On God's part, all was ready when Christ was here. He was the Seed of Abraham and the Son of David — the Prophet like unto Moses, whom God had promised to raise up unto His people — the One who was to be "a Priest for ever after the order of Melchizedec." His people were, it is true, in an abject, degraded state. An Edomite was on the throne; and he ruled by Caesar's permission, or rather by the power of Caesar. Caesar's superscription was on the coin with which all their commerce was transacted; and there was scarcely a badge of national degradation which they did not wear. The royal lineage was so reduced in circumstances, that the mother of its last-born heir — the true heir — was unable to procure accommodation in the inn on her way to be taxed by the Gentile stranger. The Son of David was born — in David's city indeed, but — in a stable, with the manger for the cradle of His earliest infancy, in the land and in the world over which He is yet to reign in glory. But there He was; and the question arose, Was the nation ready to receive Him? Ah! if it had been. Would it not seem as though the Saviour Himself indulged the thought of what might have been, even then, had the nation been prepared to receive Him? How else are we to understand His broken words? — "And when he was come near, he beheld the city, and wept over it, saying, If thou hadst known, even thou, at least in this thy day, the things which belong unto thy peace." "If thou hadst." He says not what would have been had this been so — and it is not for us to supply the ellipsis. We may not speak where He was silent. But is it doing so, or is it taking any liberty with Scripture to suggest, that while His words were interrupted by His tears, His musings were on what would have been, or might have been, had that city, so much beloved, known the day of her visitation? But she did not. The things belonging to her peace she had no eye to discern; and weeping, as the Saviour did, over her folly and unbelief, with all the dismal consequences which were about to ensue, He could but acquiesce in their justice, though His tears proclaim what it cost Him to contemplate the desolation of the city where His throne ought to have been planted, and where universal hosannas ought to have hailed Him, as "the King that comes in the name of the Lord." "But now they are hid from thine eyes." Yes; the son of the lord of the vineyard had come, seeking fruit of the husbandmen to whom it had been let out. All previous messengers they had treated with scorn or cruelty; and now they were preparing to cast out of the vineyard, and to slay, the Heir and Lord of all. "This is the heir; come, let us kill him, and the inheritance shall be ours." Nor was it only as seeking fruit that He was thus rejected by those whose place and responsibility it was to have yielded it. He came in grace to gather Israel. "O Jerusalem, Jerusalem, thou that killest the prophets, and stonest them which are sent unto thee, how often would I have gathered thy children together, even as a hen gathers her chickens under her wings, and ye would not. Behold, your house is left unto you desolate. For I say unto you, Ye shall not see me henceforth till ye shall say, Blessed is he that comes in the name of the Lord." (Matt. 23:37-39.) Sovereign grace will yet, as other Scriptures teach us, put this cry into their hearts and into their lips; and then they shall again see their once-despised and long-rejected Lord; but, for the present, they were to suffer the terrible consequences of having set Him at nought.

But judgment is God's strange work. He is slow to anger, and of great mercy. If we see this anywhere, we see it in His dealings with Jerusalem and the Jews. When, after their long rebellion and many sorrows and adversities, the "Healer of the breach, the Restorer of paths to dwell in," appeared, and was rejected and crucified, and sentence pronounced upon them, of more terrible woes and calamities than any which they had as yet endured, there was no haste in the execution of the sentence. Nay, more; before it was executed at all, the One whose rejection by the nation was its crowning sin interceded on their behalf. The vine-dresser pleaded for the barren fig-tree, and obtained for it another year, with such added care and culture is it had never received. Jesus prayed, when on the cross, "Father, forgive them, for they know not what they do." What was the answer to this prayer? Forgiveness, after such a sort, and to such an extent, that the Holy Ghost was sent down from heaven to proclaim to them full forgiveness, absolute remission, with the full enjoyment of all their forfeited national blessings, if even now they would repent of their enormous sin, and look to Him whom they had rejected and slain. This very plea, "They know not what they do," is what, in other words, the Holy Ghost puts into the lips of Peter, when, addressing them, he says, "And now, brethren, I wot that through ignorance ye did it, as did also your rulers." (Acts 3:17.) It is in immediate connection with these words, that Peter calls on them to repent and be converted, that their sins might be blotted out, when the times of refreshing should come from the presence of the Lord; "And," says he, "he shall send unto you Jesus Christ, which before was preached unto you, whom the heaven must receive until the times of restitution of all things, which God has spoken by the mouth of all his holy prophets since the world began." (Acts 3:20-21.) There are "times of restitution of all things, of which God has spoken by the mouth of all the prophets." All the prophets connect these times with Israel's repentance, and Israel's restoration, and with the coming of their Messiah. He came once, "came to his own," but "his own received him not." Peter, in this very discourse, charges them with having denied the Holy One and the Just, with having killed the Prince of life, whom God, however, had raised from the dead. Then, in the words we are considering, he calls on them to repent and be converted, and promises, though they have rejected Christ, that if they do but now repent, God will send Jesus Christ, whom the heavens had received till the promised times of restitution.* And what is this, but the plain declaration of what the Saviour intimates in His closing words as He left the temple: "Ye shall not see me henceforth till ye shall say, Blessed is he that comes in the name of the Lord?" Till ye shall say. Does not this intimate that they shall see Him when they do say this? And so Peter assures them, that if they would repent, God would send Jesus Christ. Of course, it was foreseen that this last offer, like every previous one, would be rejected, and the Church was to be formed during the interval which was to succeed. But "it was foreseen, that Christ would be rejected, when He was here in humiliation; and His death, which is salvation to all who believe, is attributed to the determinate counsel and foreknowledge of God, as well as to the wicked hands by which he was actually slain. Alas! this proffered mercy was rejected. They as stubbornly refused the testimony of the Holy Ghost to an exalted Christ, as they had refused Christ Himself when here in humiliation. "Ye stiff-necked and uncircumcised in heart and ears, ye do always resist the Holy Ghost; as your fathers did, so do ye." (Acts 7:51.) These are the solemn words of Stephen, in his last address to his countrymen, just before they ran upon him, and stoned him with stones till he died. Down to this point, mercy had lingered over Jerusalem, and no testimony had been borne to Christ risen and ascended, save there. Now, the testimony leaves Jerusalem, passing first to Samaria, then to the Gentiles. Philip preaches at Samaria; Peter is sent to Cornelius and his house; and Saul of Tarsus, one of the chief persecutors, is converted, and becomes the apostle of the uncircumcision. Even still, the mercy of God lingers over the Jews; and, throughout the Acts of the Apostles, "to the Jew first, and also to the Greek," is the principle acted upon by those messengers of God's love. Everywhere they preach first in the synagogues; and it is not till rejected there, and generally driven out, that they turn to the Gentiles. The extension of the apostle's ministry to the Gentiles is the last stumbling-block to their national pride and prejudice, and this they cannot brook. "And he said unto me, Depart: for I will send thee far hence unto the Gentiles. And they gave him audience unto this word, and then they lifted up their voices, and said, Away with such a fellow from the earth: for it is not fit that he should live." (Acts 22:21-22.) "The Jews, who both killed the Lord Jesus, and their own prophets, and have persecuted us: and they please not God, and are contrary to all men; forbidding us to speak to the Gentiles that they might be saved, to fill up their sins alway; for (which) the wrath is come upon them to the uttermost." (1 Thess. 2:14-16.)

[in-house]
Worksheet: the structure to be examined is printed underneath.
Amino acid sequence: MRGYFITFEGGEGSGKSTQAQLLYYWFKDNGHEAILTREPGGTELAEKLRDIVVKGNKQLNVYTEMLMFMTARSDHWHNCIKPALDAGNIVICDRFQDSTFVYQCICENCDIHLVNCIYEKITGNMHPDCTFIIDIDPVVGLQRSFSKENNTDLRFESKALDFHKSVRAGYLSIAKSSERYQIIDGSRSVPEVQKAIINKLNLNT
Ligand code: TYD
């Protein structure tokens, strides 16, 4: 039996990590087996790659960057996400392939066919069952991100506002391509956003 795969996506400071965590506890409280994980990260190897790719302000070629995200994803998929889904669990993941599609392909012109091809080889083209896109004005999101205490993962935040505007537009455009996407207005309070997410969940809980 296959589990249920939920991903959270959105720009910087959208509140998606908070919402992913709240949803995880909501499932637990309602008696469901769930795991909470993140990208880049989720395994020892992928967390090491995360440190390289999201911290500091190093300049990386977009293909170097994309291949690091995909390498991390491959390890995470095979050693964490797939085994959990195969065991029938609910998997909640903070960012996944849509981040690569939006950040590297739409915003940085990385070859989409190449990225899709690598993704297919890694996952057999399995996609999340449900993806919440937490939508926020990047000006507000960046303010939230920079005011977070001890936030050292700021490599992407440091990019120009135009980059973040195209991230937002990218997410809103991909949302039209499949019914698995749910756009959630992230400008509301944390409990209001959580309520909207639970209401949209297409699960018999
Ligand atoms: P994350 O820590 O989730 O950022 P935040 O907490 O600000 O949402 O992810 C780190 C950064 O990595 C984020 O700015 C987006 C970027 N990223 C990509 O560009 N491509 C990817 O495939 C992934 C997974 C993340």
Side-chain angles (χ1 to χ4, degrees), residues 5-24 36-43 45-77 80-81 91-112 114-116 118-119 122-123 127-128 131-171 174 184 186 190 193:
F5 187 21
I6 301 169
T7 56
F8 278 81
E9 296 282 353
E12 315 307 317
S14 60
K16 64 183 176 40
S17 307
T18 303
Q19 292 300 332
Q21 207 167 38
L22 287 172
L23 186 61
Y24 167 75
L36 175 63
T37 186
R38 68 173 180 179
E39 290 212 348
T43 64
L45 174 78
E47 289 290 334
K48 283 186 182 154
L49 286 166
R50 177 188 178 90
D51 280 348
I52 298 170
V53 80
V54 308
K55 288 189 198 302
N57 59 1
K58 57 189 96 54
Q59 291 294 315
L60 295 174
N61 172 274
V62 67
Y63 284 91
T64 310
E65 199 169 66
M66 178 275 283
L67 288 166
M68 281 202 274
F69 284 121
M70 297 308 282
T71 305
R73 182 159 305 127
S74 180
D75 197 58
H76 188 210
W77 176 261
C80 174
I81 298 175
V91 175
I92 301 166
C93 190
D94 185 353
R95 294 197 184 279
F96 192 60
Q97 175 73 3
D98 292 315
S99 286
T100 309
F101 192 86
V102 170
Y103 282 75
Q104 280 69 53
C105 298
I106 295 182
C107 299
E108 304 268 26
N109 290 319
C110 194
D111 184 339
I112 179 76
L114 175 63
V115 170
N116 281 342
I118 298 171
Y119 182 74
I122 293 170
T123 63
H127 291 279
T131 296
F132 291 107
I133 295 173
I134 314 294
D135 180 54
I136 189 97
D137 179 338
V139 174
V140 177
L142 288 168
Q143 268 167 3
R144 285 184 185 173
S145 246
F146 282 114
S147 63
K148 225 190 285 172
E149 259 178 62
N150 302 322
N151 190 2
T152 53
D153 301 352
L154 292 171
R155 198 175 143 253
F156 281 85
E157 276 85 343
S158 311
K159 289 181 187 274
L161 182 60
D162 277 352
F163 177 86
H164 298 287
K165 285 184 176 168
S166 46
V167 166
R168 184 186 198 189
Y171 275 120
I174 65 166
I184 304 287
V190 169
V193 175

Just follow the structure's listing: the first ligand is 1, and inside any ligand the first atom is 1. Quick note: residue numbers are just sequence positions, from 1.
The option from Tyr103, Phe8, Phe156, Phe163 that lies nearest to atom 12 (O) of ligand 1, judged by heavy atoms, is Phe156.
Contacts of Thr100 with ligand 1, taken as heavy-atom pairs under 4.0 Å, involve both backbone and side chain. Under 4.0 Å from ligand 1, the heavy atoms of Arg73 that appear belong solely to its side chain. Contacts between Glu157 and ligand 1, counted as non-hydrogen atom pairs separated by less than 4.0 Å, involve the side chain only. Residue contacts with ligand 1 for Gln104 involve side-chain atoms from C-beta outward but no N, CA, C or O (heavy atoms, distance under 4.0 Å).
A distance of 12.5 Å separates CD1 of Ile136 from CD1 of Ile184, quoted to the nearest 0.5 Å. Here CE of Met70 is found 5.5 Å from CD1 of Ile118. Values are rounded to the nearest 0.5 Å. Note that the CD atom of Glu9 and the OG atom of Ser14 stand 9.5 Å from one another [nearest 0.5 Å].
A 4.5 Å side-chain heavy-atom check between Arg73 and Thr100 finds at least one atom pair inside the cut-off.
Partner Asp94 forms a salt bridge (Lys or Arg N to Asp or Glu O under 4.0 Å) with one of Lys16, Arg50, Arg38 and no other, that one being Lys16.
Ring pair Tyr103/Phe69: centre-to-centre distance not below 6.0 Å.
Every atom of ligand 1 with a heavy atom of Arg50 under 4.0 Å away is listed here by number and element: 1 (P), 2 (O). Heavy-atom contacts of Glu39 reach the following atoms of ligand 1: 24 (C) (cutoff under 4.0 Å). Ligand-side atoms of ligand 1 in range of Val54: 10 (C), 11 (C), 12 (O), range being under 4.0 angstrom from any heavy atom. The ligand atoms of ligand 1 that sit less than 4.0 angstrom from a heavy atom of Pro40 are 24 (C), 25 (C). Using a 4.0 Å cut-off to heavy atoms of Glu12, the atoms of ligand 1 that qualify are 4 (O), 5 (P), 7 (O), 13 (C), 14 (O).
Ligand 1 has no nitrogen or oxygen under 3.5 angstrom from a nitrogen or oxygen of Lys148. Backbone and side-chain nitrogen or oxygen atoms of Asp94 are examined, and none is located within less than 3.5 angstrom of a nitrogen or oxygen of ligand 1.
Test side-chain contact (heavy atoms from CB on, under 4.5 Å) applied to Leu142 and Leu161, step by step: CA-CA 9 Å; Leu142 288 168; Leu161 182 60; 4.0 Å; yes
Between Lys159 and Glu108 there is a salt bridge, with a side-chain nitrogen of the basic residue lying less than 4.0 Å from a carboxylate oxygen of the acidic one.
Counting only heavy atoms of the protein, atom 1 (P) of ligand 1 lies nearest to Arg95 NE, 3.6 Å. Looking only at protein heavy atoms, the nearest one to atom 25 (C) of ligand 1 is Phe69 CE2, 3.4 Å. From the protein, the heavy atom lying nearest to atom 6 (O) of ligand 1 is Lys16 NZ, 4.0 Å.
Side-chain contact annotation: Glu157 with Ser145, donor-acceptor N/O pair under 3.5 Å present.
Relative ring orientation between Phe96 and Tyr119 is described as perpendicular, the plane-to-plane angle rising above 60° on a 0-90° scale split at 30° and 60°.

*I need hardly say that this language means, "till the times of restitution" arrive — not till they expire.

Wrath has come upon them to the uttermost! First, for their idolatry; secondly, for their rejection of the Lord Jesus, whether here in humiliation, or proclaimed to them as ascended, by the Holy Ghost come down from heaven; thirdly, for their hatred to the mercy now extended to the Gentiles. But grace is yet to triumph, in their full restoration, and in their becoming the seed of universal blessing to the nations of the millennial earth.